By Gerry Bates
Denis Donaldson worked as a British spy within the top echelons of Sinn Fein for 20 years. He admitted that at a press conference four months ago. Now he has been shot dead at the remote Donegal cottage where he lived.
The shooting of a police spy is never an entirely reprehensible or useless act, even when the spy in question worked against an IRA which was waging a war against Northern Irish Protestants and the British state which had long ceased to make any political sense. If it ever made sense.
Who shot Donaldson? Ask the question “who benefits?” and the answer would be “those who are hostile to the ‘peace process’ in Northern Ireland”.
Tony Blair and Taoiseach Bertie Ahern are meeting this month to decided what to do next in Northern Ireland. There is talk of restarting the Northern Irish Assembly but without a new Executive or Government, in Northern Ireland — a “Shadow Assembly”.
The Northern Ireland power-sharing government has been suspended for the last three years. The occasion for that suspension was the police’s “discovery” that Sinn Fein, in the Parliament building at Stormont, had been helping the IRA collect information for possible future use against Unionist Assembly members and others. When he confessed to having been a British agent, Donaldson, who ran the Sinn Fein office at Stormont, said that Sinn Fein had been “set up” by the British secret service.
Even though the IRA has now — more or less — disarmed, the chances of getting power-sharing soon in a new Northern Ireland Government seem very remote. Under the Good Friday Agreement of 1978 the involvement of all parties with seats in the Six Counties Parliament is mandatory.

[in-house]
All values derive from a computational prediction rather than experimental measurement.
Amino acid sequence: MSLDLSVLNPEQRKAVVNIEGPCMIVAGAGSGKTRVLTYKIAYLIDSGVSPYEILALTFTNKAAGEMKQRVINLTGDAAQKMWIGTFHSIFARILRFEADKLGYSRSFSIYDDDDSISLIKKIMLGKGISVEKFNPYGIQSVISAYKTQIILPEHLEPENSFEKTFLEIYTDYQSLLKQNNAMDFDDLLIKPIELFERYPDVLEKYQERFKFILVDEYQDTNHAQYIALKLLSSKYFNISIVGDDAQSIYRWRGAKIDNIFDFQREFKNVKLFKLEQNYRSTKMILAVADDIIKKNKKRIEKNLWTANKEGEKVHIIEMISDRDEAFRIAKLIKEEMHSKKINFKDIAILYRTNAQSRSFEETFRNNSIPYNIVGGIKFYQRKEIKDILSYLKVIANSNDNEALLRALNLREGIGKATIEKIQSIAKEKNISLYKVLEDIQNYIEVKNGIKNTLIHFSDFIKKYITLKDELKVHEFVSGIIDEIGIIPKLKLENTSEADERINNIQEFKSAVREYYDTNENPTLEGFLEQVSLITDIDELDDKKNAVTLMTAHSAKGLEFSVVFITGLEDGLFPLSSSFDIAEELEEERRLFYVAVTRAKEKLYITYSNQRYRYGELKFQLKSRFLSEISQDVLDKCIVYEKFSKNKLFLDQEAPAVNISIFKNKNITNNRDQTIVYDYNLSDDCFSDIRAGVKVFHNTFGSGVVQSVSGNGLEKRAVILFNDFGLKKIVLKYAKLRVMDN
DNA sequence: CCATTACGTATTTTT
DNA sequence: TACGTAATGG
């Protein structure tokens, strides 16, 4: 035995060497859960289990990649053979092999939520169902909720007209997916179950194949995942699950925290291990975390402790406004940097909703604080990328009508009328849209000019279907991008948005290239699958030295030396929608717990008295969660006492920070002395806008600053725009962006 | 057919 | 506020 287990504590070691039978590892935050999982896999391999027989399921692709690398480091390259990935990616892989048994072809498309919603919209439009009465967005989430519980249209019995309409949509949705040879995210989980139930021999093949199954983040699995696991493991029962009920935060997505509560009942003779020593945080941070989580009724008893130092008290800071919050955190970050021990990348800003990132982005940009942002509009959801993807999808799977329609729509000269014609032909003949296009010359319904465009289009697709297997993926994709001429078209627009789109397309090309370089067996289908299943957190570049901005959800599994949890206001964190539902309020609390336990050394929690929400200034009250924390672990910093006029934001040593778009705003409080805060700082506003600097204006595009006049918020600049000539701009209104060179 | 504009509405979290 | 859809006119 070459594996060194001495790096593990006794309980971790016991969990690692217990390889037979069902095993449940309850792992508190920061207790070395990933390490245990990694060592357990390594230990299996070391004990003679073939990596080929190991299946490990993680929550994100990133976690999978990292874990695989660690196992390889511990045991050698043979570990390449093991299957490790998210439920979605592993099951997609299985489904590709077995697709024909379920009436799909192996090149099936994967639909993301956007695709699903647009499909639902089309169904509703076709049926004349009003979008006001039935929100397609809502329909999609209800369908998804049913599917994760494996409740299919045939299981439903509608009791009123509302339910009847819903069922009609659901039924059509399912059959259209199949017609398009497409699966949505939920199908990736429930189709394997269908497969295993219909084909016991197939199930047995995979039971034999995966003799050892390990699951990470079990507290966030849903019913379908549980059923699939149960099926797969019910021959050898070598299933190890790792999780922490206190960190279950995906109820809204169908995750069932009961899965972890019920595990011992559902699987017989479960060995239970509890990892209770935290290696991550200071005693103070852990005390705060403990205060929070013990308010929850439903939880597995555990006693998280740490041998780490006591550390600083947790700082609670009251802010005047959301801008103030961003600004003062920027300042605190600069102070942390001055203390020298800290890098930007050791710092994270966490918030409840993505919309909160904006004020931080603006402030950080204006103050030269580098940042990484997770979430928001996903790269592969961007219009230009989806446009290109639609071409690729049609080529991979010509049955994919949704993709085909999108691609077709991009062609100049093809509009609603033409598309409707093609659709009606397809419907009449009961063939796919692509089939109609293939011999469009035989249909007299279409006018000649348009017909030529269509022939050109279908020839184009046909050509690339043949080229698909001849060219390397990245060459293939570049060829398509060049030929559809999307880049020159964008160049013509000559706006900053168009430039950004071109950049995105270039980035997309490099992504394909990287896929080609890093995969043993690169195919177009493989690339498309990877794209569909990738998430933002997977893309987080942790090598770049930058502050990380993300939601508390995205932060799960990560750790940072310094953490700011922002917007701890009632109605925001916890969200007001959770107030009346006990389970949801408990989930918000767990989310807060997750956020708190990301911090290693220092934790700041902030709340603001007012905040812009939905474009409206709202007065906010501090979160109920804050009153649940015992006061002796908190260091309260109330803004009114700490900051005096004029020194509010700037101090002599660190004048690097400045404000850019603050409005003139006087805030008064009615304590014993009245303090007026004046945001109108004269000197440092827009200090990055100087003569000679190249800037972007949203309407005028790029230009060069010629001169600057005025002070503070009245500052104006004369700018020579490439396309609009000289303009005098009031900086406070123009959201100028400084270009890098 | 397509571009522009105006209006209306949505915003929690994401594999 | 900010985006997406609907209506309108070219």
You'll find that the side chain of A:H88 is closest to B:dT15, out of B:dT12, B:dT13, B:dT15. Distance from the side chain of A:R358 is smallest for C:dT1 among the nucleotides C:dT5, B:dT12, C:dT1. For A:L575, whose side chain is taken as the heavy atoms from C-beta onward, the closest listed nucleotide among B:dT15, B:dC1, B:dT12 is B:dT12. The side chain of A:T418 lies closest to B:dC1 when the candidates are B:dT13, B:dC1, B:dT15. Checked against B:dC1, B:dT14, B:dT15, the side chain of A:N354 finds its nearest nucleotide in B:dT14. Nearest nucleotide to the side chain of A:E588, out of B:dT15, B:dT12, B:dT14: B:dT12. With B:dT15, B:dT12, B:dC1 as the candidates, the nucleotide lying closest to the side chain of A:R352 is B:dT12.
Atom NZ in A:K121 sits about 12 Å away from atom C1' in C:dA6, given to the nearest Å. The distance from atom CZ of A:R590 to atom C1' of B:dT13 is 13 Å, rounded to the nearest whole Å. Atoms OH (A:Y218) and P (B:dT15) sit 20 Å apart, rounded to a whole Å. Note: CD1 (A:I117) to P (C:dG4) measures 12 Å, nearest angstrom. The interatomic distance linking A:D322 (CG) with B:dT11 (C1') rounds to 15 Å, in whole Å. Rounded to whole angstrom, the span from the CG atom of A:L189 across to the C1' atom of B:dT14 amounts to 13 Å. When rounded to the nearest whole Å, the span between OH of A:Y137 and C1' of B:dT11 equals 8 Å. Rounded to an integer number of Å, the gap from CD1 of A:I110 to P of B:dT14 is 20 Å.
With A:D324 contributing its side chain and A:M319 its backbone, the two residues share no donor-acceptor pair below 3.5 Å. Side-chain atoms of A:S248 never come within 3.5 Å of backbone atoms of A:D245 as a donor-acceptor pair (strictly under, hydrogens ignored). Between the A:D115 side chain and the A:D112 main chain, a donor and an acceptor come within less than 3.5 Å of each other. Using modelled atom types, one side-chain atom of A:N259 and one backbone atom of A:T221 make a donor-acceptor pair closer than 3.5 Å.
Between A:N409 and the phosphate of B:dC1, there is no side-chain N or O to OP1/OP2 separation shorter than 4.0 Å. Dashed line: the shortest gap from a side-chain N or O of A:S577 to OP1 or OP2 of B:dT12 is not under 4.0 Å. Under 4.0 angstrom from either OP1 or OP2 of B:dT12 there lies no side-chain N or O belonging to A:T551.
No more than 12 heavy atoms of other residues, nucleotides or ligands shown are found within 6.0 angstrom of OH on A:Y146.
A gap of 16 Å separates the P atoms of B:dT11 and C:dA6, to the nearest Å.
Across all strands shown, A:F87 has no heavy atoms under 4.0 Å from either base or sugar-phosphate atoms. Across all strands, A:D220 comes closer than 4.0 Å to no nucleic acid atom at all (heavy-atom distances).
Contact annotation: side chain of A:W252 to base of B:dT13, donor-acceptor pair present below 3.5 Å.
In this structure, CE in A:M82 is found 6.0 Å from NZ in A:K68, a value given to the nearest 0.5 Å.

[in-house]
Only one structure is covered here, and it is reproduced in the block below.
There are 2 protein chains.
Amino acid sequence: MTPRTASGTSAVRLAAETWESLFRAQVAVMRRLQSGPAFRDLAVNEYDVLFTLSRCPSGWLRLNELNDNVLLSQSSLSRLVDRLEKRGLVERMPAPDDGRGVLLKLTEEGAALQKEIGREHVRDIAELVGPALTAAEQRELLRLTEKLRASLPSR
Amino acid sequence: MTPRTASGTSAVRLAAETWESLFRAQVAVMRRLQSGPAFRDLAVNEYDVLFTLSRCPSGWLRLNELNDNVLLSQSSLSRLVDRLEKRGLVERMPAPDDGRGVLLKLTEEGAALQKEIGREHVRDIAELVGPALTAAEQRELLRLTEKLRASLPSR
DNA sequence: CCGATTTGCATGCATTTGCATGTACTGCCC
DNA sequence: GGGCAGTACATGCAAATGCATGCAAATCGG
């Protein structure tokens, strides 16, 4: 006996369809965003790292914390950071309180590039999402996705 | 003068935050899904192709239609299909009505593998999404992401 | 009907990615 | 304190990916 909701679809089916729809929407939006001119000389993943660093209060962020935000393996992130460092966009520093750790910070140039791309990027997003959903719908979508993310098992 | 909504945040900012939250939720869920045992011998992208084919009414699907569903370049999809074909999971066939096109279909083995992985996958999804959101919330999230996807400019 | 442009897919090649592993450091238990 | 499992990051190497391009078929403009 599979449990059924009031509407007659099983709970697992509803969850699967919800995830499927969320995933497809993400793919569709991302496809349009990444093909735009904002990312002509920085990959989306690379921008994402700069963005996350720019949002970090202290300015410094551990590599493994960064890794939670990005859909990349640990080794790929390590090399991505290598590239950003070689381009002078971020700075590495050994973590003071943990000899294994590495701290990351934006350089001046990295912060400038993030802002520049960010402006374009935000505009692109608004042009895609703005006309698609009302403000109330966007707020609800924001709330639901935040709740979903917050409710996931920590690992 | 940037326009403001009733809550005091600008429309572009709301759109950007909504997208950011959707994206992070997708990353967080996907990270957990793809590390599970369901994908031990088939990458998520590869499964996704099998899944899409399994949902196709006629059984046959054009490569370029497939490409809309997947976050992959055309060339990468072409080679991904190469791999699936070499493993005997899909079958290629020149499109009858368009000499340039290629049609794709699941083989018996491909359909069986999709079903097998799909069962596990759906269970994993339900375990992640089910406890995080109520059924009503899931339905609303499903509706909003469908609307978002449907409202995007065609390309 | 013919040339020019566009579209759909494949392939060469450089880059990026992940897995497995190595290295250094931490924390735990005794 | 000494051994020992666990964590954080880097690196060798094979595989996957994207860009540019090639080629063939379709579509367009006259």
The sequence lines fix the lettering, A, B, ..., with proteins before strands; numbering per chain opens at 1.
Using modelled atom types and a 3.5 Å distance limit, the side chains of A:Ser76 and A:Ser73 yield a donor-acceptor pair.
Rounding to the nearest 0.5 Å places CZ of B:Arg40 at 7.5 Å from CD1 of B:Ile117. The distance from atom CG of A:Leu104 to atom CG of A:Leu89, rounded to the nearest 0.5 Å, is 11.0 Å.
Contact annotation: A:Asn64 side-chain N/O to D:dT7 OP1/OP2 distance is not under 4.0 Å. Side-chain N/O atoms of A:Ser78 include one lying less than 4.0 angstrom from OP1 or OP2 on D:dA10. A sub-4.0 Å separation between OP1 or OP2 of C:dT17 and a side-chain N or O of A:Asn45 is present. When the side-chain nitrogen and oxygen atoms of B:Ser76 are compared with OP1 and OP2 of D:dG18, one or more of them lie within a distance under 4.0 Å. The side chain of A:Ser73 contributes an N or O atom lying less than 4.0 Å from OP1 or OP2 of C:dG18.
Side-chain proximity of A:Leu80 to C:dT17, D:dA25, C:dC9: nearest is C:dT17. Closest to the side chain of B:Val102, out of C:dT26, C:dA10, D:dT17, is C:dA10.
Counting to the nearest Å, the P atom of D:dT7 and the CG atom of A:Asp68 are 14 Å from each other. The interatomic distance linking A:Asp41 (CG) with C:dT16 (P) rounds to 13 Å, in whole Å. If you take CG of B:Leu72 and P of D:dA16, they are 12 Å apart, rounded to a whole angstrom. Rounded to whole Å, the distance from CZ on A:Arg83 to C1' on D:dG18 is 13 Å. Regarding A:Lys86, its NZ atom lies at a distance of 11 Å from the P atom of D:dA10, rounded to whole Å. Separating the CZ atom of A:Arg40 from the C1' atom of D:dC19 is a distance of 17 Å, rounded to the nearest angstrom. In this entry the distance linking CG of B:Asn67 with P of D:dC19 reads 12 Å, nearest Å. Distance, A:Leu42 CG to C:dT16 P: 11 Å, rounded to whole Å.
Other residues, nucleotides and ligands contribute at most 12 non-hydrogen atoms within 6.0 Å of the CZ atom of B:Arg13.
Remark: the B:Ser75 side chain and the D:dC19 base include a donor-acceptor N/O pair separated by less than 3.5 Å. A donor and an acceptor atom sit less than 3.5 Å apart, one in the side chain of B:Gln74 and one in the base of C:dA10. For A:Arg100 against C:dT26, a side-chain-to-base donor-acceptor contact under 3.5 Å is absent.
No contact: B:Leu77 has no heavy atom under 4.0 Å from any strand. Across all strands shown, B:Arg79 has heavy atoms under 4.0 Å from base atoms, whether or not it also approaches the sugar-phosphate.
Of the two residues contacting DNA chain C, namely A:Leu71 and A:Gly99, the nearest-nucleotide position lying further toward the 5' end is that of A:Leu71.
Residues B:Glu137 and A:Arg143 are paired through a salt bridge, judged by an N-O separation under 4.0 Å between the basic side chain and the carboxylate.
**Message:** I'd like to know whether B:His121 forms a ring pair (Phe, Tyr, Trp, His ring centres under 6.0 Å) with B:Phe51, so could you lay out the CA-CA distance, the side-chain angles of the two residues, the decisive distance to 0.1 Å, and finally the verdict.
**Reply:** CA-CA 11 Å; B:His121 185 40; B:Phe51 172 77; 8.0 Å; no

The Paisleyites and other Unionists support the idea of a “Shadow Assembly”, without an Executive. Sinn Fein and the SDLP, the Catholic parties, oppose it. One convoluted “conspiracy theory” explanation of the shooting of Donaldson, and the timing of it, is that it strengthens those who oppose a “Shadow Assembly”. That is too convoluted.
The most likely perpetrators are dissident Republicans. Not only are there separate splinter groups like the “Real IRA”, “Continuity IRA”, INLA, but the disarming IRA cannot but have looser structures and less discipline than the past. That it continues to exist at all is an anomaly. That sections of it are unhappy with the Adams-McGuinness leadership is certain.
The killing of Donaldson adds to the mystery of the Stormontgate affair. Was it a “scam”, as he said, entirely concocted by elements of the British “security service” — what Sinn Fein calls the “securicrats” — opposed to British government policy in Ireland and out to derail it? In making that allegation was Donaldson doing a political job for the Sinn Fein leadership?
In either case, the British “security service” agency, for which Donaldson worked for 20 years, were left with reason to loathe Donaldson. It is not inconceivable that they killed Donaldson. Such things have happened in the past.
The British “security service” were for decades involved in some of the most horrible events in Northern Ireland. Intertwined with Unionist murder-gangs, they set them on targets of their choice — on the solicitor Rosemary Nelson, for instance. Such people are perfectly capable for murdering Donaldson. The probability, however, is that he was killed by dissident Republicans.